Can You Use Foreign Currency to Get a Mortgage?

Is your down payment coming from abroad?

Do you have a foreign bank account that you’re showing on your mortgage application?

Are you obtaining a gift from a family member in another country?

These are all questions that might come up when we’re working with our clients who may be employed by a foreign company or who may be permanent residents (green card holders) or non-permanent resident aliens of the United States. The question really becomes, “Can I use a foreign currency to qualify for a mortgage?” We’ll look at some of the key points to navigating these international waters and assuring safe passage to home ownership here in the US.

Document Everything

Just like with domestic bank accounts, we’re going to ask you for at least two months of bank statements to support the amount of money in any account. If these statements are not in English, translation will be required. Again just as with US bank statements, if we see large deposits into the account, we’ll question their origin and need to “papertrail” how they got there.

Funds Must Be Moved to the US

Here’s perhaps the most important distinction between using US and foreign funds for a home loan transaction:  Your foreign funds must be moved to the US to be considered acceptable assets for down payment, closing costs and for reserves (more on this later). So at some point, it will be required that you convert your money to US dollars and transfer it to a US bank account. Be sure that the timing of your loan transaction works with your plans to move the money you have abroad and make sure you understand the process required by the banking institutions (and any limits for movement by the governments involved).

Allowable Institutions

Check with your lender early in the process to be certain that, for any foreign funds you plan to use, the country of origin is not sanctioned by the Office of Foreign Assets Control (OFAC). As of this writing, countries on the OFAC list are the Balkans, Belarus, Burma, Cote D’Ivoire, Cuba, Democratic Republic of Congo, Iran, Iraq, Liberia, North Korea, Sudan, Syria and Zimbabwe. This list will change periodically.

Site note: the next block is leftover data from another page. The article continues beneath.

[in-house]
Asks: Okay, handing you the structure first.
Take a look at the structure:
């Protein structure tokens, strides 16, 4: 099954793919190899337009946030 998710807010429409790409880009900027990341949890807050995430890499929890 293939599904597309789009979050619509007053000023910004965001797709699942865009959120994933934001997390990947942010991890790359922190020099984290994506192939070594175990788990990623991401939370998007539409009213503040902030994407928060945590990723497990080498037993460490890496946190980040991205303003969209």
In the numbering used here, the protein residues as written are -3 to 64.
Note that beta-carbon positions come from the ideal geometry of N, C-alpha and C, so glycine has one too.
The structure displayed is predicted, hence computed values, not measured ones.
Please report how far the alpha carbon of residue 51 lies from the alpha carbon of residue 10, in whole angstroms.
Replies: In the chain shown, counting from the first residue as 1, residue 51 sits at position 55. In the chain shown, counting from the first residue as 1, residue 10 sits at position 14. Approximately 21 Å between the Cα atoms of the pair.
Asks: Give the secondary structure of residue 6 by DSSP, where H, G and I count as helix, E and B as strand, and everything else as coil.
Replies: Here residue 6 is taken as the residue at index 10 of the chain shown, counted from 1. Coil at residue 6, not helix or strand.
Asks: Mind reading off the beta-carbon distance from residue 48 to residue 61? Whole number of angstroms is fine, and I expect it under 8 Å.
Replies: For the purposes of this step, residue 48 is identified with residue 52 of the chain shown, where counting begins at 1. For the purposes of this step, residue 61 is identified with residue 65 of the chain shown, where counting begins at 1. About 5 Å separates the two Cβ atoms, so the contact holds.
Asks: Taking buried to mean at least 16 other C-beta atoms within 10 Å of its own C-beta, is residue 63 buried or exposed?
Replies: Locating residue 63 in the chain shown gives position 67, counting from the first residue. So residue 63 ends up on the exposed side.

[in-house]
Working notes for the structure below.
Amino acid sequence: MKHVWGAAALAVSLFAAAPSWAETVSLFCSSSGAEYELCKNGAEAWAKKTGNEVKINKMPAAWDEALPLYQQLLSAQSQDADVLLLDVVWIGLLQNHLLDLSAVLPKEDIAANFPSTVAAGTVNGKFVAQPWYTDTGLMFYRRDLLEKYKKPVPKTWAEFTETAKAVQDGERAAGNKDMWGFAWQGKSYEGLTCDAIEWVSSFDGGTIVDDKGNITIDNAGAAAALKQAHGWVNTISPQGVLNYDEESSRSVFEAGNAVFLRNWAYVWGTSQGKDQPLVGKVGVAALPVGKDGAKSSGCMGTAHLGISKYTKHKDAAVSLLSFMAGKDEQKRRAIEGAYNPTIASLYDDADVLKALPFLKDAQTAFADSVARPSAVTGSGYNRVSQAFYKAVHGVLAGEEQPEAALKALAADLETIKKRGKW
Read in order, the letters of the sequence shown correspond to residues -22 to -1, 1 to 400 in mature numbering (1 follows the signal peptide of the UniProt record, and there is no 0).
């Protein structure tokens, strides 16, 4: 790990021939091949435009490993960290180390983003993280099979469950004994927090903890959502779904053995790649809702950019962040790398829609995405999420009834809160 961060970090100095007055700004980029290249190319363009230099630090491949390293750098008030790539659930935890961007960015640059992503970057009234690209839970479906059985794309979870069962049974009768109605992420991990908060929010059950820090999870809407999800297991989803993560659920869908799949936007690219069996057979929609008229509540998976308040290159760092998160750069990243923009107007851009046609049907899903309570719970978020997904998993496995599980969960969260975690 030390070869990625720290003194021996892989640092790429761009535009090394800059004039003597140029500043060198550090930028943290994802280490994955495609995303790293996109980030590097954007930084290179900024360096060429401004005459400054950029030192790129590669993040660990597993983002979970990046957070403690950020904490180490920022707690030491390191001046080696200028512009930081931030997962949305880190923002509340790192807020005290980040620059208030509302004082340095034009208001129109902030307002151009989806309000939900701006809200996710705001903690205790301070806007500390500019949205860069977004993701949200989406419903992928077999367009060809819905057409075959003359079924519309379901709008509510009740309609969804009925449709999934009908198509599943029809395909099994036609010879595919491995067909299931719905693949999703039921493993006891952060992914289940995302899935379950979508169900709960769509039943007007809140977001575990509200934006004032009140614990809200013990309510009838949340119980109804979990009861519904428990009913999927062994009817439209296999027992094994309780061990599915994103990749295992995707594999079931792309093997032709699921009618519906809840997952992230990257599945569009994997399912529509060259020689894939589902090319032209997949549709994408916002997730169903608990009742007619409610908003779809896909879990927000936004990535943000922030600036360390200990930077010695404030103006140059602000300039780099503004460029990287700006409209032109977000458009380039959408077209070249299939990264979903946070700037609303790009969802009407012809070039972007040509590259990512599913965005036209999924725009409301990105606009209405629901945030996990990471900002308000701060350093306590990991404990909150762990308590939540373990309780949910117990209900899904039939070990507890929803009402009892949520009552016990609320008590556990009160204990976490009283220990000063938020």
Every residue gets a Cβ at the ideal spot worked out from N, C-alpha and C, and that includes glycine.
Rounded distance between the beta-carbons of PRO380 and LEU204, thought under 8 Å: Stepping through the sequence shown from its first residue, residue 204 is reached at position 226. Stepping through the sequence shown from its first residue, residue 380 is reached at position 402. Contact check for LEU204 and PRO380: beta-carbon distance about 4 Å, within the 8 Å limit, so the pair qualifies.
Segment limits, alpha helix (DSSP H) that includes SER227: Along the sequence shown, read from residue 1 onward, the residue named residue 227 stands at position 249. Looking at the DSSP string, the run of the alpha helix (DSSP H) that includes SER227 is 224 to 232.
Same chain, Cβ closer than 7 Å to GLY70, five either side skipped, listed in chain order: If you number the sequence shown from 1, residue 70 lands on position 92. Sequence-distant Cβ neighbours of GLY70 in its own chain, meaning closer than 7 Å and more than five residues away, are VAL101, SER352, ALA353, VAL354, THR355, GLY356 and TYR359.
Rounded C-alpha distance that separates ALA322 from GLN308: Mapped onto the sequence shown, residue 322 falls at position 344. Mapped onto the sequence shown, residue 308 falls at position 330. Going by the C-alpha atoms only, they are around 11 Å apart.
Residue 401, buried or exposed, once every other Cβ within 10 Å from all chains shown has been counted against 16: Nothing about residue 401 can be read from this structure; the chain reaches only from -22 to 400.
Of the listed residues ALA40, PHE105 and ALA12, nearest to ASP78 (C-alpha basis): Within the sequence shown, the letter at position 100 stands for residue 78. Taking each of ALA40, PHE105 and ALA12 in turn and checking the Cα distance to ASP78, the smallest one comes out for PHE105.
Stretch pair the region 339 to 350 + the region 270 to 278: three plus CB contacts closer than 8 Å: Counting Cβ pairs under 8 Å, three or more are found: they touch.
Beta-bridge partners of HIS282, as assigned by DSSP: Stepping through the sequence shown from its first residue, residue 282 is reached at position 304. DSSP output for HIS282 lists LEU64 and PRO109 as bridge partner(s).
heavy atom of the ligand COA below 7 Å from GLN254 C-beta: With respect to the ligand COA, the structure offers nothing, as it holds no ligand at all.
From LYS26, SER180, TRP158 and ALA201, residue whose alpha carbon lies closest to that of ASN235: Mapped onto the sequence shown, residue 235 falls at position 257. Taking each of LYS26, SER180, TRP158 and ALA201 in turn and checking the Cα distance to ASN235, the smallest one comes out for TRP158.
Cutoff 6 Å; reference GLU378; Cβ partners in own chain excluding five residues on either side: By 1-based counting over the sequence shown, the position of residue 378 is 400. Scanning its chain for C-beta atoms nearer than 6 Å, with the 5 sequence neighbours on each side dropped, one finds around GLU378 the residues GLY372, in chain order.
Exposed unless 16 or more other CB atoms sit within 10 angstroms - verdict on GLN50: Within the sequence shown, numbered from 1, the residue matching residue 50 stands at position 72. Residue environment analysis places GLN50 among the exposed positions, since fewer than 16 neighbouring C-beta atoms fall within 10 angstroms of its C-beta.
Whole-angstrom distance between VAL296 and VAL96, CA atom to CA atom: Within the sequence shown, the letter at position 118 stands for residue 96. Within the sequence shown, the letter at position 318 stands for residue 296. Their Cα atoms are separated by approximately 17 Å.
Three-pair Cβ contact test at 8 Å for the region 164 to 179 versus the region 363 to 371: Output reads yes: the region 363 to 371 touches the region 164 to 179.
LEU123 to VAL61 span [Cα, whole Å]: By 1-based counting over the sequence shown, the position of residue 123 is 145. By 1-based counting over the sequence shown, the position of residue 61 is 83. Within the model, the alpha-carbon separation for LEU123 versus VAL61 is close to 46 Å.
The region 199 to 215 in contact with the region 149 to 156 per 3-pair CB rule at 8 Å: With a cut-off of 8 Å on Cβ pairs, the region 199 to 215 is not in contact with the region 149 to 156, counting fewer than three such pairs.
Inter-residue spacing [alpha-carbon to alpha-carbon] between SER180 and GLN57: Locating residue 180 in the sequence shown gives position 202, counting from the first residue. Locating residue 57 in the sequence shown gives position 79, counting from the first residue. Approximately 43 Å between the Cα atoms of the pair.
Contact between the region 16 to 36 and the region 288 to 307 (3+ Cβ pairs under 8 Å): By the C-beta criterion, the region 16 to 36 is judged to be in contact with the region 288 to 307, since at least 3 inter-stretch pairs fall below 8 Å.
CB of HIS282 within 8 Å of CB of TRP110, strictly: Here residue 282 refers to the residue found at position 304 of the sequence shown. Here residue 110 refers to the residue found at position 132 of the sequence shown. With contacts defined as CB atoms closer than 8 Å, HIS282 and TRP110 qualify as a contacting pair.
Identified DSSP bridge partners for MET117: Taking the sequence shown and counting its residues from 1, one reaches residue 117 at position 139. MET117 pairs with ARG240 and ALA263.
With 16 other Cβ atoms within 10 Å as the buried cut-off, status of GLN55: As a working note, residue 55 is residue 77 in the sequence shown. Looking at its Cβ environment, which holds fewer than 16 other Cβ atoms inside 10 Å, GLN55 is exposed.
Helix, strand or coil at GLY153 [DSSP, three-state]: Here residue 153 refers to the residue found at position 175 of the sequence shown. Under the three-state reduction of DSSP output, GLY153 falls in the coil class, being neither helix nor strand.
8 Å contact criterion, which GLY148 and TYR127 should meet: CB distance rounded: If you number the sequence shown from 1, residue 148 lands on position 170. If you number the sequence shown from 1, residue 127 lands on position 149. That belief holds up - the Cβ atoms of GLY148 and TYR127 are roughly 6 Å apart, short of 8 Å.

Foreign Reserves?

If seeking a jumbo mortgage, asset reserves are required. In most cases, it’s not possible to use foreign assets to meet a reserve requirement. In order to cover reserves with a foreign currency, borrowers would most certainly need to consider moving the money to the US first.

We’ve successfully helped buyers use funds held in foreign accounts to obtain FHA, conforming and jumbo mortgages in the United States. But their use definitely requires some additional planning and documentation — in addition to a currency conversion. We’re available to help make sure your foreign assets are moved and documented in the most efficient manner and that your escrow closes smoothly and on time. Regardless of your time zone, call on us if we can be of service.

Buon viaggio,

 

Robert J. Spinosa
Vice President of Mortgage Lending
Guaranteed Rate
Cell/Text:  415.367.5959
rob.spinosa@rate.com
NMLS: 22343

Marin Office: 324 Sir Francis Drake Blvd., San Anselmo, CA 94960
Berkeley Office: 1400 Shattuck Ave., Suite 1, Berkeley, CA 94709

*The views and opinions expressed on this site about work-related matters are my own, have not been reviewed or approved by Guaranteed Rate and do not necessarily represent the views and opinions of Guaranteed Rate. In no way do I commit Guaranteed Rate to any position on any matter or issue without the express prior written consent of Guaranteed Rate’s Human Resources Department.

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